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Old 3rd July 2019, 06:01 AM   #1
bsingh2311
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Exclamation Indian Tegha Sword Stamp Inquiry

Greetings folks,

I appreciate your interest in my topic.

Iím wondering if anyone could shed some light onto the origin of the stamp on this sword. The sword is from the 19th Century India.

I look forward to the replies.

Thank you.
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Old 3rd July 2019, 08:39 PM   #2
Jens Nordlunde
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Welcom to the forum.
Please show the whole sword. Why do you think it is the kind of sword you write it is?
The mark can be seen on many Indian swords, sometimes only one mark, but mostly several marks of the same kind.
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Old 4th July 2019, 03:23 AM   #3
Jim McDougall
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I also welcome you here! and as Jens has noted, an image of the entire sword is helpful as the designation of 'tegha' is often misunderstood and even misapplied on many Indian swords. While we understand your key interest in the marking, it is sometimes the case that markings may be better explained if full context is known.

For example, this particular mark is a copy of what was a known stamp used in Northern Italy, and often accompanied the 'eyelash' or 'sickle' markings which were profoundly familiar and often used by other arms centers.
These sometimes occurred in pairings or groupings as well.
They are from late 16th century, but used in Germany and Styria well through the 17thc.

India is known to have copied the 'sickle' marks often, but at times used this marking (sometimes referred to as 'mill rind' or 'twig' in European parlance) and often placed these in the blade location you show. In this location (near the distinctive blunted edge known as the 'Indian ricasso' on Indian blades, it seems this was some sort of traditional place to place these marks. Others used were the 'man in the moon' (from German copies of Spanish marks in 17th c); as well as the 'cog wheel' another Italian, then German mark same period.

The use of these marks on Indian blades spuriously placed carried well into and through the 19th c. representing venerable quality of earlier European blades.

The two first photos are similarly marked Indian tulwars with these type blades and the next a 16th c. European sword with similar mark...note blade location.
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Old 4th July 2019, 08:26 PM   #4
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Thanks for the warm welcome. I was posting on my mobile device, which meant I was unable to resize the image as it was too large to upload to the forum. Alas, I've resized and uploaded an image of the full sword.

I may be wrong but after examining the thickness and curve of the blade, I recognize it as a tegha/tegh.. What are your opinions?

In regards to the stamp, I've seen many 'eyelash' stamps on various blades but haven't seen one like this ever. Are these stamps that've been put on the swords after battle? or simply a stamp of the manufacturer?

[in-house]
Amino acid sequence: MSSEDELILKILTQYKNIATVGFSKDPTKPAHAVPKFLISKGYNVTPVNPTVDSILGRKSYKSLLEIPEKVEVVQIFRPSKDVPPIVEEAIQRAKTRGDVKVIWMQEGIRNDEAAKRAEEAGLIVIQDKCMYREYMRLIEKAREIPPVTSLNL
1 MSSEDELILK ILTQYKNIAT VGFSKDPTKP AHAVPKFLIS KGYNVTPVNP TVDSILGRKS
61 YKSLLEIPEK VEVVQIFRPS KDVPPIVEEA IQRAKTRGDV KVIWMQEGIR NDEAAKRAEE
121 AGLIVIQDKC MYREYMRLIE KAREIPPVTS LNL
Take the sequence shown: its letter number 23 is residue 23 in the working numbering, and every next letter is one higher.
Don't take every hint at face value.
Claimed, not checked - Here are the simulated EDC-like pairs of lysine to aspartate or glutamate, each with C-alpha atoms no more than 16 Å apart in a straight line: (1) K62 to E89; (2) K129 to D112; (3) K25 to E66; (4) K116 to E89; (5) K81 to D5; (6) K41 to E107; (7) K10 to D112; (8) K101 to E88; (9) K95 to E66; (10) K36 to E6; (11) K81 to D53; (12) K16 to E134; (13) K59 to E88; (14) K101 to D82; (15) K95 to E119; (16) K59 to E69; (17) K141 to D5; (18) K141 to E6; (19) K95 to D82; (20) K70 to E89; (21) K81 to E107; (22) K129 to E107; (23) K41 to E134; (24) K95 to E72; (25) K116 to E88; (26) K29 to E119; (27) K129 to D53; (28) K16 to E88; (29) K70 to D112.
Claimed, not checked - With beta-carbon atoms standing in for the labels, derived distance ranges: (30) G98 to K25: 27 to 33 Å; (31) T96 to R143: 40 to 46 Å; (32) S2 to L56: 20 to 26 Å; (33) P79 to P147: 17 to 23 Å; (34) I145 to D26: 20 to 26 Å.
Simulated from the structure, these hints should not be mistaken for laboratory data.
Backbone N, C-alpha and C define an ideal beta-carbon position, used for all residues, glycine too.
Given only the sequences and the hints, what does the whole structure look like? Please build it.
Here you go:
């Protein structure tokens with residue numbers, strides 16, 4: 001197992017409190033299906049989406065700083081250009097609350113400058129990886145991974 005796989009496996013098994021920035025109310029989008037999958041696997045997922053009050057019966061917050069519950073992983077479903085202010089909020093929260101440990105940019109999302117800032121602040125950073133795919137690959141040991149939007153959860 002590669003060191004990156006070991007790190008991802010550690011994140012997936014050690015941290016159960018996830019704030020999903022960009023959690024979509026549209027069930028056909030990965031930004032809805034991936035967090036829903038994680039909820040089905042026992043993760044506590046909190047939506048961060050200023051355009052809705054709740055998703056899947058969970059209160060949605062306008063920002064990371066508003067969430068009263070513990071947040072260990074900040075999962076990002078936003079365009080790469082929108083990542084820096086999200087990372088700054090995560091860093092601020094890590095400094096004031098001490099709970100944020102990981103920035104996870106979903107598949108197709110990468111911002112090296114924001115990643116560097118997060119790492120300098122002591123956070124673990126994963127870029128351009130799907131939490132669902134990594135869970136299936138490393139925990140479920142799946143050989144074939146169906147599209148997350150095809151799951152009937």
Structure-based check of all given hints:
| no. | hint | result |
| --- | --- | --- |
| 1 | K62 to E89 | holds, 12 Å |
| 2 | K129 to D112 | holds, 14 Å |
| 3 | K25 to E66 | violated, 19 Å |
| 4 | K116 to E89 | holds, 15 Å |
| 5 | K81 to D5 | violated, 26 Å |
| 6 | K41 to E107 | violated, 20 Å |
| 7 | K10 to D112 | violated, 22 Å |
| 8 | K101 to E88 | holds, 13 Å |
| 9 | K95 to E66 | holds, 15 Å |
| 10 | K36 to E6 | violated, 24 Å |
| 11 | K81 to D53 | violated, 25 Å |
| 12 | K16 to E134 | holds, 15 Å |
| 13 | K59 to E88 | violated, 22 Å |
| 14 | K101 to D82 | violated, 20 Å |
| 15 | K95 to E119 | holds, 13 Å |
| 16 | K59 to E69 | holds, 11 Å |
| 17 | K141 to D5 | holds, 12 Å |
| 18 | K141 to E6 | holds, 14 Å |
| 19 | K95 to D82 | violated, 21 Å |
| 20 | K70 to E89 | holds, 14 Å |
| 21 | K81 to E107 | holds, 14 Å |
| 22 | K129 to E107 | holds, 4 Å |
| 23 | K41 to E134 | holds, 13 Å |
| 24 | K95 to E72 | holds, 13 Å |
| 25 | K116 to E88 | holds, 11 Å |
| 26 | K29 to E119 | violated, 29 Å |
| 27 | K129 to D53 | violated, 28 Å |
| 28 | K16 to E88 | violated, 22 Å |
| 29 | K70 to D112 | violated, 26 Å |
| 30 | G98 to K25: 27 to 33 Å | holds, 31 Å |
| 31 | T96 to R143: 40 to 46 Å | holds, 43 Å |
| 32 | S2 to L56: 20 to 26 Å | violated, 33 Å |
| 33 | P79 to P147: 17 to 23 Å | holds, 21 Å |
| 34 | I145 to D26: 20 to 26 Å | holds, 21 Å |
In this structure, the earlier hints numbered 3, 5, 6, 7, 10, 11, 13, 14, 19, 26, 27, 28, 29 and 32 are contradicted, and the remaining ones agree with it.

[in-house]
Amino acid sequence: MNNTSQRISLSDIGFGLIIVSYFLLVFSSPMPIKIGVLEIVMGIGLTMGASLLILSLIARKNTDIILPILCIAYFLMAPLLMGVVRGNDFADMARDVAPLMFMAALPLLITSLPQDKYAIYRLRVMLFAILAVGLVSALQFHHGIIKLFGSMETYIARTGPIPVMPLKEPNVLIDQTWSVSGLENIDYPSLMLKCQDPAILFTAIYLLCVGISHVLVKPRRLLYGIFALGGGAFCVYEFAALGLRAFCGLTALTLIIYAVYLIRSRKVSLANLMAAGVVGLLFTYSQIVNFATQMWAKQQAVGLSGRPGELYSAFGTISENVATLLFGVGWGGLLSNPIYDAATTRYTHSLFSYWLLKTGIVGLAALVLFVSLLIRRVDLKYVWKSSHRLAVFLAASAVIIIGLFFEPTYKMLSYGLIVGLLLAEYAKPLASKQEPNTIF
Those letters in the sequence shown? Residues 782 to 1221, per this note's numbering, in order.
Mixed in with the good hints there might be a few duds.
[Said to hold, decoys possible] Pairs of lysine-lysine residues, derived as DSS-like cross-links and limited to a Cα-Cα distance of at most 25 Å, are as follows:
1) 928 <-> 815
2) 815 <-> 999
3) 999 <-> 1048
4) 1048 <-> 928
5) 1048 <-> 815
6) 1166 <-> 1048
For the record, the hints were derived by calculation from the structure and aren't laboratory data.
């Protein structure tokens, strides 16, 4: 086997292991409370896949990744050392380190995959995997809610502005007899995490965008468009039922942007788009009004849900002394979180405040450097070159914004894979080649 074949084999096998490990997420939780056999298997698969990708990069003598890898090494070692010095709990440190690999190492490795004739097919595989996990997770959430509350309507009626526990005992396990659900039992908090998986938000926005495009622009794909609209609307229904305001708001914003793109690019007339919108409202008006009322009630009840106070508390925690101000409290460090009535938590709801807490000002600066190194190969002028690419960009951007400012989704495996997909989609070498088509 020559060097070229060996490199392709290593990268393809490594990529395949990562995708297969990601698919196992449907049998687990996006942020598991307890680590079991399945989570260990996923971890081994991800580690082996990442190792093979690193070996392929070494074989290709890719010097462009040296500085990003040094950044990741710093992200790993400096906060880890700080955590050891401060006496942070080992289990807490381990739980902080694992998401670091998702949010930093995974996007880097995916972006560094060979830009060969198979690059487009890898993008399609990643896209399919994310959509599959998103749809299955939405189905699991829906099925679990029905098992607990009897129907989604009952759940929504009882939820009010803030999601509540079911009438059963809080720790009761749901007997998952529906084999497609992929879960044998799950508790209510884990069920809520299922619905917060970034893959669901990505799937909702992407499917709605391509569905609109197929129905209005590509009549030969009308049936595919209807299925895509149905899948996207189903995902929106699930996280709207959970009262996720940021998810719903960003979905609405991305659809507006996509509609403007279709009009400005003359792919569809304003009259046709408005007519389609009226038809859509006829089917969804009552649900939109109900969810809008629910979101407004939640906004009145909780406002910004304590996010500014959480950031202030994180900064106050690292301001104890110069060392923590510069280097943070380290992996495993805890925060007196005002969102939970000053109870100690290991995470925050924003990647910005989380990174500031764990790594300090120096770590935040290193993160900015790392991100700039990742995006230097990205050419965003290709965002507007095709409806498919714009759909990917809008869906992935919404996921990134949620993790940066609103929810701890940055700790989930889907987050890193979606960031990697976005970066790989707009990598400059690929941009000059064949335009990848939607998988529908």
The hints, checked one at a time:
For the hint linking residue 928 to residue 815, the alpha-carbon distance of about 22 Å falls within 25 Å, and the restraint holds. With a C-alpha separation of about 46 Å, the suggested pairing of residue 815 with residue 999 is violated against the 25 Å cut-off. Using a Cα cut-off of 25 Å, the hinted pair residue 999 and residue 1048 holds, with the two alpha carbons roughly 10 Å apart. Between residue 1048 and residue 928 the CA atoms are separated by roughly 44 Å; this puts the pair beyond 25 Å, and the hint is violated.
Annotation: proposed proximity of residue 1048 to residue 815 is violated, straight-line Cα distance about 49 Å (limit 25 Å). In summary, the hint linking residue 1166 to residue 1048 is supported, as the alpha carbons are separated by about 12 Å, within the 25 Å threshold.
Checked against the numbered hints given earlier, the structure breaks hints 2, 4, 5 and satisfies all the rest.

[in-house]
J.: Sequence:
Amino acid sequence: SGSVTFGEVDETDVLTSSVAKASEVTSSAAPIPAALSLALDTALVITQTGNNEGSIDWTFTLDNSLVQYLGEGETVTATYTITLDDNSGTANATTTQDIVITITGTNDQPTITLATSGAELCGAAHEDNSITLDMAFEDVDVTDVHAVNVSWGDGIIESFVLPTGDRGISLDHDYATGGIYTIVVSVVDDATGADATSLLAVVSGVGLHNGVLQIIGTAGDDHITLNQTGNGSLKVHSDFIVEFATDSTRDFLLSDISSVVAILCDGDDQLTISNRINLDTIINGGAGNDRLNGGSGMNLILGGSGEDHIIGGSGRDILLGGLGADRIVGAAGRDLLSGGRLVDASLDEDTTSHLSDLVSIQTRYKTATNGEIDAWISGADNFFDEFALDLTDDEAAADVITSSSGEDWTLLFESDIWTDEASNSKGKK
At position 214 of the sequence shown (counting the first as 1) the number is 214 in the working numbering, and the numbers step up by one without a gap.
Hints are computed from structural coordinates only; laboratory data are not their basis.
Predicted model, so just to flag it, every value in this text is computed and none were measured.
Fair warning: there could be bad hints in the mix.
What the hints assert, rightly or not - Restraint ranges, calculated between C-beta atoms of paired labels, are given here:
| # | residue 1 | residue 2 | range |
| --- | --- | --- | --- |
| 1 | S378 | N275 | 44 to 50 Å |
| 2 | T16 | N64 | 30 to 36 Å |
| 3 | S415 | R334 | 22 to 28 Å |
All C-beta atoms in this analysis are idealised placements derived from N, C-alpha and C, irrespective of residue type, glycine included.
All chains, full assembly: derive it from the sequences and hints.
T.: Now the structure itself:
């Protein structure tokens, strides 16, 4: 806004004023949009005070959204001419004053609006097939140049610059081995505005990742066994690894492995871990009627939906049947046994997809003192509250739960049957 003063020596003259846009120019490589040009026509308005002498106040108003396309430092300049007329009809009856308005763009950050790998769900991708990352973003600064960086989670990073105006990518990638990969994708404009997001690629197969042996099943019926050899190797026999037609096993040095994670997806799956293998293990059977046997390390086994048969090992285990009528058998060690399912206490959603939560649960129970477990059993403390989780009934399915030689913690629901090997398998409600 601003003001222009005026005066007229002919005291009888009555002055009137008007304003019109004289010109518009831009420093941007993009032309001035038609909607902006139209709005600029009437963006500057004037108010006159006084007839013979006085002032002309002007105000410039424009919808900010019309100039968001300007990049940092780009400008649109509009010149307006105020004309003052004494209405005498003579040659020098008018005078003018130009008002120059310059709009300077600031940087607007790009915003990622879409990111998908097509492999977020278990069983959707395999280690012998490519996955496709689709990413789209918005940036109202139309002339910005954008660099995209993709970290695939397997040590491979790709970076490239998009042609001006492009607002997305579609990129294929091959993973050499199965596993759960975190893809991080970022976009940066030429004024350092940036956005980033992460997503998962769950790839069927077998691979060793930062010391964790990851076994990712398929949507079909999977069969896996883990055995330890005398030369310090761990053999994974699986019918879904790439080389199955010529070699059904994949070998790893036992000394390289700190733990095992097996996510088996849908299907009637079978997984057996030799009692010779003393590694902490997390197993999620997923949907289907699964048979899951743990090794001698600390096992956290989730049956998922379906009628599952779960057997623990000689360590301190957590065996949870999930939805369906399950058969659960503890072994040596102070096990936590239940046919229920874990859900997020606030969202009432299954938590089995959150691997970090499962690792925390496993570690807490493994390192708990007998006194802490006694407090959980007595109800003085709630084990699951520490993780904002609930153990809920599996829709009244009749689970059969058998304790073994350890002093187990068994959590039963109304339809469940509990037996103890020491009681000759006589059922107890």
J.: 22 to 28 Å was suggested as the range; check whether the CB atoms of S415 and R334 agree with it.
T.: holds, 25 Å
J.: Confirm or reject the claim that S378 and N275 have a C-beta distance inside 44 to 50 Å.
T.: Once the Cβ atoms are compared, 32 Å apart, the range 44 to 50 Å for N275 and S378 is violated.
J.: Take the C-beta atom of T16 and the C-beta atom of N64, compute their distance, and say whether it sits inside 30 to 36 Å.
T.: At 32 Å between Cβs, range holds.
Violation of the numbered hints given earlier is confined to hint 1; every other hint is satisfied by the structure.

Thanks
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Old 6th July 2019, 05:28 AM   #5
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Thanks for the warm welcomes. I couldn't attach a full size image before as the images exceeded the max size for the forum. I've attached a full size pic now.

I look forward to your comments.
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Old 6th July 2019, 10:20 AM   #6
ariel
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You may call it tulwar on the basis of general construction and the general style of the handle, or you may call it tegha due to its wide and massive blade. That's the matter of personal preference and does not matter much : either name means a long-bladed weapon, a sword.
What is obvious, this is an Indian blade with a spurious European style mark.
19th century is most likely correct. Trying to pinpoint its origin by the style of the handle is an exercise in futility: handles were changed left and right and quite likely it was a second or third marriage for both of them.
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Old 6th July 2019, 12:21 PM   #7
Jens Nordlunde
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bsingh, your sword seems to be what we mostly call a tegha. You may not have seen this marking before, but as Jim writes, they were used together with many other markings, copying European markings to show the 'quality' of the blade.

Attached is one of my teghas.
Length 92 cm
Length of blade 80 cm with a 'T' section at the back. Width of blade 4.5 cm
Ricasso 7.5 cm
Hilt 19.5 cm
Disc diameter 7 cm
Width of quillons 10 cm
Langets 7.5 cm
On each side of the blade there is an inscription. On one side it says Tegha, and on the other side it says Shri Krishna Wodeyar III. Although I doubt that it is Deccan work, it must have been in the Hyderabad armoury in Deccan when Krishna III took over.
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